Long-Chain L-3 Hydroxyacyl-CoA Dehydrogenase deficiency (LCHAD)
Long-chain L-3 hydroxyacyl-CoA dehydrogenase deficiency (LCHAD) is a condition in which the body is unable to break down certain fats. It is considered a fatty acid oxidation condition because people affected by LCHAD are unable to change some of the fats they eat into energy the body needs to function. Too many unused fatty acids build up in the body. Individuals with LCHAD deficiency are at risk for serious heart problems, breathing difficulties, coma, and sudden death. Detecting the condition early and beginning treatment can prevent many of the severe outcomes of LCHAD.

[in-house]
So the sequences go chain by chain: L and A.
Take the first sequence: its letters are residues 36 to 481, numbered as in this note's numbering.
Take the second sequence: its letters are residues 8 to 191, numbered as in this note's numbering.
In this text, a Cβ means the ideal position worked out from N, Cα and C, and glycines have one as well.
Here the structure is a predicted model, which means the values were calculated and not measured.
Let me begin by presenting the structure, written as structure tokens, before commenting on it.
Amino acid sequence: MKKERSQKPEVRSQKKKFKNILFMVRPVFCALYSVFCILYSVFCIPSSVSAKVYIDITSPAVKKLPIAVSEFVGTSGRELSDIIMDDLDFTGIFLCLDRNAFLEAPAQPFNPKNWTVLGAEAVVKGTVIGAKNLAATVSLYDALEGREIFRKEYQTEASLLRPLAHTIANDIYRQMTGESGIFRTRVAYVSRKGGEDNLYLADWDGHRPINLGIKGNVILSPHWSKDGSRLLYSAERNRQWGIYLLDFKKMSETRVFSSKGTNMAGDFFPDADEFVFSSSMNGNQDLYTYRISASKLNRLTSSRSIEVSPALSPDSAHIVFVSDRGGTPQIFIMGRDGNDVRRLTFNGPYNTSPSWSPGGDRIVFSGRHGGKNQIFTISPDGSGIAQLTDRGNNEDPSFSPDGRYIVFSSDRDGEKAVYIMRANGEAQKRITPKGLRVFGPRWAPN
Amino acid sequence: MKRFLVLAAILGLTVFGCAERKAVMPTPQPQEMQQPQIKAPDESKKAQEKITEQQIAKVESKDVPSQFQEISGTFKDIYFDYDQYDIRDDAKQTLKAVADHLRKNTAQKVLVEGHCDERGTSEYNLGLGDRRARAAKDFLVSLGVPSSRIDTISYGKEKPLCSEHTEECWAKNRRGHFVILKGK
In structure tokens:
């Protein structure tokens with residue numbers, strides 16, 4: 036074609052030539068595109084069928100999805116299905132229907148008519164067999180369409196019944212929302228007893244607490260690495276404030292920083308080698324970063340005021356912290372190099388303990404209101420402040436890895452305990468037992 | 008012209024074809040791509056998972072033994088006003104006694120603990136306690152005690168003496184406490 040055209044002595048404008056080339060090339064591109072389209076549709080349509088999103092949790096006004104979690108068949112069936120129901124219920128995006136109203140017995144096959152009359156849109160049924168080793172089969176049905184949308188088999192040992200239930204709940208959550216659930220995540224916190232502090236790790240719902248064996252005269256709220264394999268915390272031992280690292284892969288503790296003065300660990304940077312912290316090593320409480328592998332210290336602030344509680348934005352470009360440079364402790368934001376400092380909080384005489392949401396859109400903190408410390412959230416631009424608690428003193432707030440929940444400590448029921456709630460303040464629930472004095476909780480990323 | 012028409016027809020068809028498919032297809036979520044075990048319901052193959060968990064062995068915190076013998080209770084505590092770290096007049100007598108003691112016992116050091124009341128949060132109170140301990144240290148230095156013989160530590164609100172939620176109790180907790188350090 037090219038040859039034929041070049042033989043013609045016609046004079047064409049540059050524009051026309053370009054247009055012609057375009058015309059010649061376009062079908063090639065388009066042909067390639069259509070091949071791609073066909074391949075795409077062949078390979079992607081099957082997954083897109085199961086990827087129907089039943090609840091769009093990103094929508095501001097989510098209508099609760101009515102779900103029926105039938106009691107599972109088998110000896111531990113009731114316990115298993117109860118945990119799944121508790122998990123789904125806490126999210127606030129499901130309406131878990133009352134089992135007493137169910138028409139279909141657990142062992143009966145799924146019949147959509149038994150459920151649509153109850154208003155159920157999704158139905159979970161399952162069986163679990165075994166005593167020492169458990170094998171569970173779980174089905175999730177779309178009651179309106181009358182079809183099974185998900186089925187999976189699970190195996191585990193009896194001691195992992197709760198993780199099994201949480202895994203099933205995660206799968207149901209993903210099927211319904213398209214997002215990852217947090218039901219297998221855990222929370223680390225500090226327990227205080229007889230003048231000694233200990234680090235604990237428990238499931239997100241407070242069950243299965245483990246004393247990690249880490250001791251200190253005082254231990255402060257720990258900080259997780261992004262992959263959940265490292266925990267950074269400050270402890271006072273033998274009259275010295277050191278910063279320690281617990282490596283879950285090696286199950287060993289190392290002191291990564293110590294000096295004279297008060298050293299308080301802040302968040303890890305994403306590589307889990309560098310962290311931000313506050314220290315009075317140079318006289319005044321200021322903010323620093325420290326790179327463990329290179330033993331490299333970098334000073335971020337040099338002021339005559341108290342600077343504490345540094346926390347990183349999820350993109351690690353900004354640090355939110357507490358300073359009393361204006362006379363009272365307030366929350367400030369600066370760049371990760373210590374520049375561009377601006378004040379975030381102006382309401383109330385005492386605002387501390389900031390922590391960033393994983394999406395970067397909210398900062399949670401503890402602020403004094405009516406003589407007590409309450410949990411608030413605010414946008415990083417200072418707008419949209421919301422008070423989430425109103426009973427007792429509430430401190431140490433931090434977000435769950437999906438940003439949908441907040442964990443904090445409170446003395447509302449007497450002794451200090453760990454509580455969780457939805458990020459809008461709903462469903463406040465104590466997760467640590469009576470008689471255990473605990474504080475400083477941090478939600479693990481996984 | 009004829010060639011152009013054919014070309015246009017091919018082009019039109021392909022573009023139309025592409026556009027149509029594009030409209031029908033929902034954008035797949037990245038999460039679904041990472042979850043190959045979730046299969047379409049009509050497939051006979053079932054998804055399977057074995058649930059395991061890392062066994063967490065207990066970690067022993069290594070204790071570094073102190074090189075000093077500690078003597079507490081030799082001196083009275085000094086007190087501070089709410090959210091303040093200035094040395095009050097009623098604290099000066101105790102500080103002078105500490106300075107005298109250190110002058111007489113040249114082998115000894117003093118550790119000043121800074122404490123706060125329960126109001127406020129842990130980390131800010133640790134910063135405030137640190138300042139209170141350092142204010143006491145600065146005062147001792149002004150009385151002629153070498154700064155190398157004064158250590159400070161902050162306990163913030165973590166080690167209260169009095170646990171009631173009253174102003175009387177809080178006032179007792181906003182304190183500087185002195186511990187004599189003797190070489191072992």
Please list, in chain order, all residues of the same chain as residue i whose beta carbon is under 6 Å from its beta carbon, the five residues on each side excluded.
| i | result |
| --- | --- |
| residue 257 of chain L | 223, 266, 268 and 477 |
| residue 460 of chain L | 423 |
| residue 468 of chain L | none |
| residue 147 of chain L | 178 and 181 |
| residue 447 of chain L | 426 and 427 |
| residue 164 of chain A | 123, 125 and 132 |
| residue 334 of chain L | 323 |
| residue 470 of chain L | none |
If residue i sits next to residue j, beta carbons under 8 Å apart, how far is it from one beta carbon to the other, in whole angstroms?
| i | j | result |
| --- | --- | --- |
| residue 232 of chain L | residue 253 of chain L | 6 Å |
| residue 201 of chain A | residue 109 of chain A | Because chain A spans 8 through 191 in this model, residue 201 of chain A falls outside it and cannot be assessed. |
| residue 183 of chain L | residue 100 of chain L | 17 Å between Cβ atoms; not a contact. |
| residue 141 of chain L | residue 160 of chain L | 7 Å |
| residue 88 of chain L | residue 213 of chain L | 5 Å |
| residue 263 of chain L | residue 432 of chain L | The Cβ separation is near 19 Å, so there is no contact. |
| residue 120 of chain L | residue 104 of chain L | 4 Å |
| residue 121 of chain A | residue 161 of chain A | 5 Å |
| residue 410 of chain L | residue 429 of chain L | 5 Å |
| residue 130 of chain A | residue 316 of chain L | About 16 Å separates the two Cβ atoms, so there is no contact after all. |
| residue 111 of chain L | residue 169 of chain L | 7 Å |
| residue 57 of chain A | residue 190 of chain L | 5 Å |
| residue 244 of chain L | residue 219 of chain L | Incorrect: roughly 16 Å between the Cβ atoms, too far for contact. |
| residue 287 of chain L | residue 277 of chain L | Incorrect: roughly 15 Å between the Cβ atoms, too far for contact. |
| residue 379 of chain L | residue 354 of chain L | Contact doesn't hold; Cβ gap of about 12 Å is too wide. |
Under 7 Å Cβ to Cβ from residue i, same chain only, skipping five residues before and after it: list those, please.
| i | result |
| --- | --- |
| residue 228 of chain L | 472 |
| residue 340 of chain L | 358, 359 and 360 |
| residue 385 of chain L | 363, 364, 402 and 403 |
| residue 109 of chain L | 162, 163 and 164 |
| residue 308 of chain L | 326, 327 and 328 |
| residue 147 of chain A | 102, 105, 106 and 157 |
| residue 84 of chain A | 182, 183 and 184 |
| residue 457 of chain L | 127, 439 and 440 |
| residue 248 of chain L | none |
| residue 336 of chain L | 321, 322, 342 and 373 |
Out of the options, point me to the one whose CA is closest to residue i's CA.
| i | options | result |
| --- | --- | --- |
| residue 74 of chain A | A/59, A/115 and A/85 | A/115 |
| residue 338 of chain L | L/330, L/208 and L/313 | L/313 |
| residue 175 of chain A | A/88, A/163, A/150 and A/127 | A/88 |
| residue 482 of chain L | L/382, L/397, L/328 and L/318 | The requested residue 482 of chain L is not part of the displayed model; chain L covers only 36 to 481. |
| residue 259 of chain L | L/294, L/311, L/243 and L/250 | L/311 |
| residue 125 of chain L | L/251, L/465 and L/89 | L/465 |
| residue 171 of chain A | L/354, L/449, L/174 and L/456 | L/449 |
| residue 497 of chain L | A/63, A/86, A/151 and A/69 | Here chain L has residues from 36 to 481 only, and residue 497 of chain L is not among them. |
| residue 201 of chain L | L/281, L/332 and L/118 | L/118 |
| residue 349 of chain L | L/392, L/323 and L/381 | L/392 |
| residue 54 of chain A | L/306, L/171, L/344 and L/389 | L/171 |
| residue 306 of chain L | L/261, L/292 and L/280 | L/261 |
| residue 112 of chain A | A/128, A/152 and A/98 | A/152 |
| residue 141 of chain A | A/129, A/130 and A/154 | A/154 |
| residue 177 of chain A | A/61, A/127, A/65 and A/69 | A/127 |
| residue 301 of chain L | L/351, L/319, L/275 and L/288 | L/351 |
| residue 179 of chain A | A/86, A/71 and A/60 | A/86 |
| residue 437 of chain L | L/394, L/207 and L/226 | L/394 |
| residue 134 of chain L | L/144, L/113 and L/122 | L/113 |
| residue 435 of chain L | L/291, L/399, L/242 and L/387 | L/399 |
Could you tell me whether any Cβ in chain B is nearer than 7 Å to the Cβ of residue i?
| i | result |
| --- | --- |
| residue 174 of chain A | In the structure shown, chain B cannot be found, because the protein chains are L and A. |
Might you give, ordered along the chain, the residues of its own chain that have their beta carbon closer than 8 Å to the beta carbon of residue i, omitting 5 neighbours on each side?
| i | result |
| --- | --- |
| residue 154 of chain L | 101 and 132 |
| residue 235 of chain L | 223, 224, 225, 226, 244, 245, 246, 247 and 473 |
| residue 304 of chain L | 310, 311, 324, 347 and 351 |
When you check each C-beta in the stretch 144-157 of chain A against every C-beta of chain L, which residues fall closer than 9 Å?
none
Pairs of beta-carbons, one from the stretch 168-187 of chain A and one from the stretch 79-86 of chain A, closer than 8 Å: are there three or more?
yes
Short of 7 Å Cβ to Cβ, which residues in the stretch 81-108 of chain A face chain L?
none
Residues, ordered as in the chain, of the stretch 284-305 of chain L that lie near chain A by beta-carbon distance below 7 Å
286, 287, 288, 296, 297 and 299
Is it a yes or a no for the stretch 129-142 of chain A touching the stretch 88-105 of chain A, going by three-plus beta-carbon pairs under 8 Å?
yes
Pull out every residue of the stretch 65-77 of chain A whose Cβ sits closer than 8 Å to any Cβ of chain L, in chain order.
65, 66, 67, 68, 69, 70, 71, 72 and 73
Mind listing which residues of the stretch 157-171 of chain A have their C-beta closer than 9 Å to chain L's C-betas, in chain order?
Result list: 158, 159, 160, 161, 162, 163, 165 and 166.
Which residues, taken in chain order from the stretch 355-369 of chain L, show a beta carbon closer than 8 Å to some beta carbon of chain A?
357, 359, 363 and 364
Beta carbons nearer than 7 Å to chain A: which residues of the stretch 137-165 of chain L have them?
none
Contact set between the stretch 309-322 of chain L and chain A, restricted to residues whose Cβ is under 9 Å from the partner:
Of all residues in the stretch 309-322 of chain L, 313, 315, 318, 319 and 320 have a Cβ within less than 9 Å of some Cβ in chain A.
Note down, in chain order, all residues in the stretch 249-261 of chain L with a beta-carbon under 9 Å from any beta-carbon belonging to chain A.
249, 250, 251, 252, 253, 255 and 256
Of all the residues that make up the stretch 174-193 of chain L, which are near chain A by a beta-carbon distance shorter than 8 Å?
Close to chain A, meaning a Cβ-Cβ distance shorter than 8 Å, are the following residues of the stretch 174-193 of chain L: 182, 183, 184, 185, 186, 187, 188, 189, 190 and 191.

This condition is also known as: long-chain 3-hydroxyacyl-coenzyme A dehydrogenase deficiency, long-chain 3-OH acyl-CoA dehydrogenase deficiency, type 1 trifunctional protein deficiency, long chain hydroxy acyl-CoA dehydrogenase deficiency.
For more information about Long-chain L-3 hydroxyacyl-CoA dehydrogenase deficiency, visit Screening, Technology, and Research in Genetics (STAR-G): Long-chain L-3 hydroxyacyl-CoA dehydrogenase deficiency and Baby's First Test: Long-chain L-3 hydroxyacyl-CoA dehydrogenase deficiency. Please see Medically Prescribed Formula for information about medically prescribed formula and pharmacologic interventions for inborn errors of metabolism. Visit Pediatric Metabolic Providers for a listing of medical specialists and clinic contact information.